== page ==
• You may also identify a Community of Interest based on a shared culture or heritage of residents in a specific area. Please indicate why it is a common bond, e.g. “because of our shared history and language, we work together on cultural projects and this creates a sense of unity and understanding.”

Where is your community located?

Tell us where the exterior boundaries of your COI are so we can locate it on a map. For example, fill out the Antioch Written COI Form to write down landmarks, streets, bodies of water, or railroad tracks that indicate the location of the outside border of the community.

A map showing the location of the COI, along with oral or written testimony identifying the location, can be extremely helpful to locate the COI. Please see our instructions for “How to Create Your Community of Interest Online”.

Email your Antioch Written COI Form to Redistricting@antiochca.gov

Why is it beneficial for your community to be kept together in a district? 

When you talk about your Community of Interest, consider explaining why it should be kept together in a district and why splitting it would be problematic. For example:

  • A Community of Interest working on creating economic opportunities might note that redevelopment and job creation activities are more effective when residents in the respective area can work together with one, rather than multiple representatives.
  • A small COI that is working to receive government support may find that it has lesser chances of receiving funding if split into two.
Finalist Map

On April 12, 2022 at the regular meeting of the Antioch City Council, the Council adopted a resolution with the final redistricting map adjusting and redefining the boundaries of the City Council electoral districts of the City.

finalist map
Glossary

American Community Survey (ACS): A survey that releases data in four broad categories every year. The categories are: social, demographic, economic and housing. The ACS replaced the ‘long form’ of the census that was collected once every 10 years. The ACS does not report counts of the population but rather estimates.

At-Large Election: In a jurisdiction (for example a city) with an at-large election system, all voters in the jurisdiction vote for all candidates running for office in that city. In at-large election systems, the candidates and office holders are eligible to hold office irrespective of where they live within the jurisdiction.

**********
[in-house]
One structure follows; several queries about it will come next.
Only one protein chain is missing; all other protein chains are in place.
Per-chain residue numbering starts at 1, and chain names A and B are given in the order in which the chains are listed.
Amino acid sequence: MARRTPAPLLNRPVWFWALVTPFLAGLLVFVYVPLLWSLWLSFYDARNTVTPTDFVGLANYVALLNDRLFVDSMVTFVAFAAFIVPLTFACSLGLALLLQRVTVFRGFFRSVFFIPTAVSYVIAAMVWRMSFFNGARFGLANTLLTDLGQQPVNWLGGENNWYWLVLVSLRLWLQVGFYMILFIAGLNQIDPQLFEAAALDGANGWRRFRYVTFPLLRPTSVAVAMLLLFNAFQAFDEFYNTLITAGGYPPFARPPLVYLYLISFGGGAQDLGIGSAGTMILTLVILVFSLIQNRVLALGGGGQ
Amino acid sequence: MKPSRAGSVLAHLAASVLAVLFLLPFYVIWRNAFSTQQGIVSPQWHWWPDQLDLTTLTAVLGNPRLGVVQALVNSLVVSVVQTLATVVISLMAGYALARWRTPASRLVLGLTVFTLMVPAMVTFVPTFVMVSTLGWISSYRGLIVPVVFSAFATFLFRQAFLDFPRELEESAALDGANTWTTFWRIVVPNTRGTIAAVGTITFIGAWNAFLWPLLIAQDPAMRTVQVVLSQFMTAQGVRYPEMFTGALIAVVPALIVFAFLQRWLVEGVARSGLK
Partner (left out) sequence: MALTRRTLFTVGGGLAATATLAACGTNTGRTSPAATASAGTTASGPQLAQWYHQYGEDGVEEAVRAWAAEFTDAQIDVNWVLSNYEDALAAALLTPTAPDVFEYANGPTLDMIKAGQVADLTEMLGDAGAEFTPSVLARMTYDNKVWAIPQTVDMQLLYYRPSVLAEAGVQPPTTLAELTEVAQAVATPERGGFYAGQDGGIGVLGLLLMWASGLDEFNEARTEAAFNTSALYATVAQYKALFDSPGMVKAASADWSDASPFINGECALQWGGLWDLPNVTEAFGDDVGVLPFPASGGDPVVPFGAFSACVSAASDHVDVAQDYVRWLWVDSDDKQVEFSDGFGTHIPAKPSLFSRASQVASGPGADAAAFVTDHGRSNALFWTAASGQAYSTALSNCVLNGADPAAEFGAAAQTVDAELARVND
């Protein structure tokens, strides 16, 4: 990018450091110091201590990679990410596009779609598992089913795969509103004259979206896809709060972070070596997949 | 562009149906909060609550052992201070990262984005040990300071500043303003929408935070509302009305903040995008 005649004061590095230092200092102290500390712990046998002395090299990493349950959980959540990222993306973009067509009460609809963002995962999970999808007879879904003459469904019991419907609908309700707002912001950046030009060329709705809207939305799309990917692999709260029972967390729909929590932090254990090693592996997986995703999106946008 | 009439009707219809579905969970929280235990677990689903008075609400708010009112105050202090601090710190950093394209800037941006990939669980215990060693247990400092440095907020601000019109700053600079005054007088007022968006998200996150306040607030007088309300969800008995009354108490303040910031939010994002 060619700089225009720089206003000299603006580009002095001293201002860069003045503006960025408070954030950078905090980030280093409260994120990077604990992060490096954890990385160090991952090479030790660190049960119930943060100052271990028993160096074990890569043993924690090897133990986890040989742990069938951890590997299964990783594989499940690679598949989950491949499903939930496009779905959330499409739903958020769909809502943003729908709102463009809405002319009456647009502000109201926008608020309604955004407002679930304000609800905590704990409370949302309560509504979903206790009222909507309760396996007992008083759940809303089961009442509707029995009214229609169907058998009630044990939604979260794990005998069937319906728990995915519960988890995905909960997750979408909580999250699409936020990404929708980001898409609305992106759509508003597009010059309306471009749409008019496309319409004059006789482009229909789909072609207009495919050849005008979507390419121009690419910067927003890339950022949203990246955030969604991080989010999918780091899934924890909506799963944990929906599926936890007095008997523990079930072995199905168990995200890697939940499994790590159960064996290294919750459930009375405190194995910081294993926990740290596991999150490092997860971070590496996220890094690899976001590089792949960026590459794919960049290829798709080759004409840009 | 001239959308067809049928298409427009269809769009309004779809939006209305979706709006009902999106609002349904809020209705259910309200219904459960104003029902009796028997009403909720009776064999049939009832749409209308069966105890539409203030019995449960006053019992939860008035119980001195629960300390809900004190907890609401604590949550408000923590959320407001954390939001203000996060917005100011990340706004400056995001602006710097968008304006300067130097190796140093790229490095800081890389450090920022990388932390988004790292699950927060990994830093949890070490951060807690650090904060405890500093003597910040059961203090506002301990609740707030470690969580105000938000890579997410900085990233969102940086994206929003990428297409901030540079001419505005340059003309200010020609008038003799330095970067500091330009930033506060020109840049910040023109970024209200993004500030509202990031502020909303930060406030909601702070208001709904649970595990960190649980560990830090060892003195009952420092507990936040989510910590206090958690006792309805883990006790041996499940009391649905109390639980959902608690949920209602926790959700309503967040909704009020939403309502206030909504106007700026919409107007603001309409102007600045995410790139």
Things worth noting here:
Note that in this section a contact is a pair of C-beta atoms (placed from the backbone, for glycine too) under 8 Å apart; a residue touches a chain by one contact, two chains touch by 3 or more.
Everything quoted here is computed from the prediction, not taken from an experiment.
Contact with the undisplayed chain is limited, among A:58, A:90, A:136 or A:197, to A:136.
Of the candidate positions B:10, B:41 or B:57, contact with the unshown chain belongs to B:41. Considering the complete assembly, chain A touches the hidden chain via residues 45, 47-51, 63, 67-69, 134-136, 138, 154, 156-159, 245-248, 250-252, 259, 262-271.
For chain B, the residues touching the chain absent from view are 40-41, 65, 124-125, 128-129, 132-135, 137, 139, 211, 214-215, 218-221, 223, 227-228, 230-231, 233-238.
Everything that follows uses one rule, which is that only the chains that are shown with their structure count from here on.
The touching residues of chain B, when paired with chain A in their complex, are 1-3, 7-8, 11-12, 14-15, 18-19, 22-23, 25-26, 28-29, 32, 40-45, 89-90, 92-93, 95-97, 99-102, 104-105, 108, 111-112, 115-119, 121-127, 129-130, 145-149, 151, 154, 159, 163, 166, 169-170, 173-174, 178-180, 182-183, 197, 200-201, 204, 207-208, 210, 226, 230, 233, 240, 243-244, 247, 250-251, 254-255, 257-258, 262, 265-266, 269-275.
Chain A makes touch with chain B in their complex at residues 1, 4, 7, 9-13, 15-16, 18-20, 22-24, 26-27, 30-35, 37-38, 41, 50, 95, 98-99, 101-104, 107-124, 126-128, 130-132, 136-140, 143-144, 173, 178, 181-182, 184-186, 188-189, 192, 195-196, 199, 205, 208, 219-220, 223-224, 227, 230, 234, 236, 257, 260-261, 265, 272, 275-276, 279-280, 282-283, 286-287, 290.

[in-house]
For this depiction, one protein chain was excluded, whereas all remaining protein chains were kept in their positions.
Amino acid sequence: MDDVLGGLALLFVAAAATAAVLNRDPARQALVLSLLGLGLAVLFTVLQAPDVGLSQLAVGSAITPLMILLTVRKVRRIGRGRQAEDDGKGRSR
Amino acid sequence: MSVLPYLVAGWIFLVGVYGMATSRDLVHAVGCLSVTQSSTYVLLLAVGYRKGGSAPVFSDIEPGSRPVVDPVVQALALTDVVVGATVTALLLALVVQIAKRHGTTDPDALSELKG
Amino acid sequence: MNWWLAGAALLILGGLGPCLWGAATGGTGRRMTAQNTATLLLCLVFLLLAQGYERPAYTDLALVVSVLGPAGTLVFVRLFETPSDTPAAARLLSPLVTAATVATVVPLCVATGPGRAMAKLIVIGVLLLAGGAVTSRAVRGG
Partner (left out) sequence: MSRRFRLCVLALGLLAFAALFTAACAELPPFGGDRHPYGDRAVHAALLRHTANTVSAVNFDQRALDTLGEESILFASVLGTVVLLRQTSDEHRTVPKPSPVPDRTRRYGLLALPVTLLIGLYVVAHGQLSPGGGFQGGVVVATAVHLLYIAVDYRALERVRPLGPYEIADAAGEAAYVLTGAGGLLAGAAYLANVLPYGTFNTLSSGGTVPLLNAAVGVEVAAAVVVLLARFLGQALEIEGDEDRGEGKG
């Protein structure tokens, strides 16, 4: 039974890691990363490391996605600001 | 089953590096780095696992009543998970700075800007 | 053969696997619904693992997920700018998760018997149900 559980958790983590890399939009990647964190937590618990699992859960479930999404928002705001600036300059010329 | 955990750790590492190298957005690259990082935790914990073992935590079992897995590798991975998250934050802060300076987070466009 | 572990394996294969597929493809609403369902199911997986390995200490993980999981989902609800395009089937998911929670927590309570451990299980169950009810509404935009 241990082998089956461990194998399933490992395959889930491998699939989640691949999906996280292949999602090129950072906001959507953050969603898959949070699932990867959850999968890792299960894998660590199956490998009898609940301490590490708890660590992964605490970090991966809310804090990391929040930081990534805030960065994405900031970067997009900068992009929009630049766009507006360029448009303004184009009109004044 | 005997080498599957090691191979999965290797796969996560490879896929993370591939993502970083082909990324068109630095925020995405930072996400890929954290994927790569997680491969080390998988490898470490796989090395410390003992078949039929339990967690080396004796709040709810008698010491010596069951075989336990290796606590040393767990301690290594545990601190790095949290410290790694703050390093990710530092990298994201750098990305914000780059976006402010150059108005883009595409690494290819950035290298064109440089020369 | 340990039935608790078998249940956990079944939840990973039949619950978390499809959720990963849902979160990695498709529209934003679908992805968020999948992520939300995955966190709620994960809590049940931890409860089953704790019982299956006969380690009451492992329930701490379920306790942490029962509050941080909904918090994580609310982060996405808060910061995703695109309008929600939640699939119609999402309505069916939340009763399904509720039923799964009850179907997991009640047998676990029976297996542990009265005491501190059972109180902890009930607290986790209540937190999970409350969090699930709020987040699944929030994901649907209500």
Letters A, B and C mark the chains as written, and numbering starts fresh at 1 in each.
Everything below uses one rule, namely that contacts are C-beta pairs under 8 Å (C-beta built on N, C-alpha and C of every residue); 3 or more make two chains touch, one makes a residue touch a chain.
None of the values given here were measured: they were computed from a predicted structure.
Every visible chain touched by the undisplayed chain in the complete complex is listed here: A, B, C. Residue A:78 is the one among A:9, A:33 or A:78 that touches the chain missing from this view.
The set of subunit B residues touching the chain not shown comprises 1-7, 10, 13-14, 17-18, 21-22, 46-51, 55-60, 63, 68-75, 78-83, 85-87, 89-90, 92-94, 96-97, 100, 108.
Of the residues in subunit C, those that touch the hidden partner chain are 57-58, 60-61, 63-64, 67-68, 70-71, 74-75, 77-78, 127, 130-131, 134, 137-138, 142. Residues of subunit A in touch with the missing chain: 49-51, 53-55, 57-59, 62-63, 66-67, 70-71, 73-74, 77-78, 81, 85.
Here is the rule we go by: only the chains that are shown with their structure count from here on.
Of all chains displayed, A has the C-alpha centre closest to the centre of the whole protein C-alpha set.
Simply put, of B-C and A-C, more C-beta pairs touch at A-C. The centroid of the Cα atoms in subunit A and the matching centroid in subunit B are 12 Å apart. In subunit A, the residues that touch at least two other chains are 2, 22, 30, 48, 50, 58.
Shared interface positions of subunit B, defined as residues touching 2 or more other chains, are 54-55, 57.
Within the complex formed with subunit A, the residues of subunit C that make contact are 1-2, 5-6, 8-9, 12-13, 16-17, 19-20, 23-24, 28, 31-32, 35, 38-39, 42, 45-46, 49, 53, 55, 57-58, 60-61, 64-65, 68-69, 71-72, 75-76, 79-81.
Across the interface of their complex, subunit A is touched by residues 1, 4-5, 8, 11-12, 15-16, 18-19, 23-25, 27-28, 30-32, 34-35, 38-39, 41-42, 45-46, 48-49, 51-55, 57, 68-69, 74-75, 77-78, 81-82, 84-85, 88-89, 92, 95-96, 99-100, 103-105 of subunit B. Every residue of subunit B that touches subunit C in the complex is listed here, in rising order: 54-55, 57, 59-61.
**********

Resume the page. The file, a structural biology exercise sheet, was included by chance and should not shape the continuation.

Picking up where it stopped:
By-District Election:  In a jurisdiction (for example, a city) with a by-district election system, the voters from each district vote for the candidates running for office in the voters’ respective district.  Elected officials and candidates must also live in the district that they represent or want to represent.

California Voting Rights Act:  The California Voting Rights Act of 2001 (CVRA), prohibits the use of an at-large election in a political subdivision if it would impair the ability of a protected minority group to elect candidates of its choice or otherwise influence the outcome of an election.  The CVRA is different from the Federal Voting Rights Act (FVRA). Since the CVRA became law, many jurisdictions in California have changed from at-large to by-district elections.

Census Block: The smallest level of census geography used by the Census Bureau to report census data. In urban areas, census blocks usually conform to city blocks, and in rural areas they are often delineated by other physical features and legal boundaries such as bodies of water and roads. Redistricting is based on census block level data.

Census Tract: A geographic area for which the census bureau releases data.  Census tracts are relatively permanent ‘units of analysis’ that are delineated for the purpose of presenting decennial census data. Census tracts usually contain between 2,500 and 8,000 people. Census tracts may be split by local jurisdictional boundaries.  Census blocks nest in census tracts.

Citizen Voting Age Population (CVAP): A variable collected by the American Community Survey that is used in Voting Rights Act assessments. The population that is 18 years and older and a citizen of the United States.

Community of Interest: Group of people with one or more specific common interests. For redistricting, communities of interest are defined geographically based on where people with common interests live.

Compactness: Compactness often refers to a district’s shape and contours, focusing on how closely a district’s borders resemble a circle or square. When a district has ‘tentacles’ or oddly shaped borders, it is often said to be non-compact. In California, compactness in redistricting is defined as ‘not bypassing nearby population’ when constructing districts.

Contiguous OR Contiguity: A contiguous district is one in which all parts are geographically connected to each other in some way. Within a contiguous district, one may travel from any location to any other location without crossing the district boundary. Some districts are “water-contiguous” which means that islands have to be connected to the mainland; others are contiguous via a bridge. Drawing contiguous districts is applying the criterion of ‘contiguity.’ If districts are only connected at one point, they are not considered contiguous.

Cracking: A term used in Voting Rights that describes splitting significantly sized racial or ethnic communities into multiple districts, rather than keeping them together. Cracking is a particular problem when the division prevents the community from electing a candidate of its choice because it constitutes too small a portion of the electorate in the multiple districts.

Criteria for Redistricting: Rules established in the law that the redistricting body must follow when drawing electoral district boundaries. For example, one criterion is that districts have reasonably equal populations.

Deviation: The difference between the total population of the district and the ideal population of the district.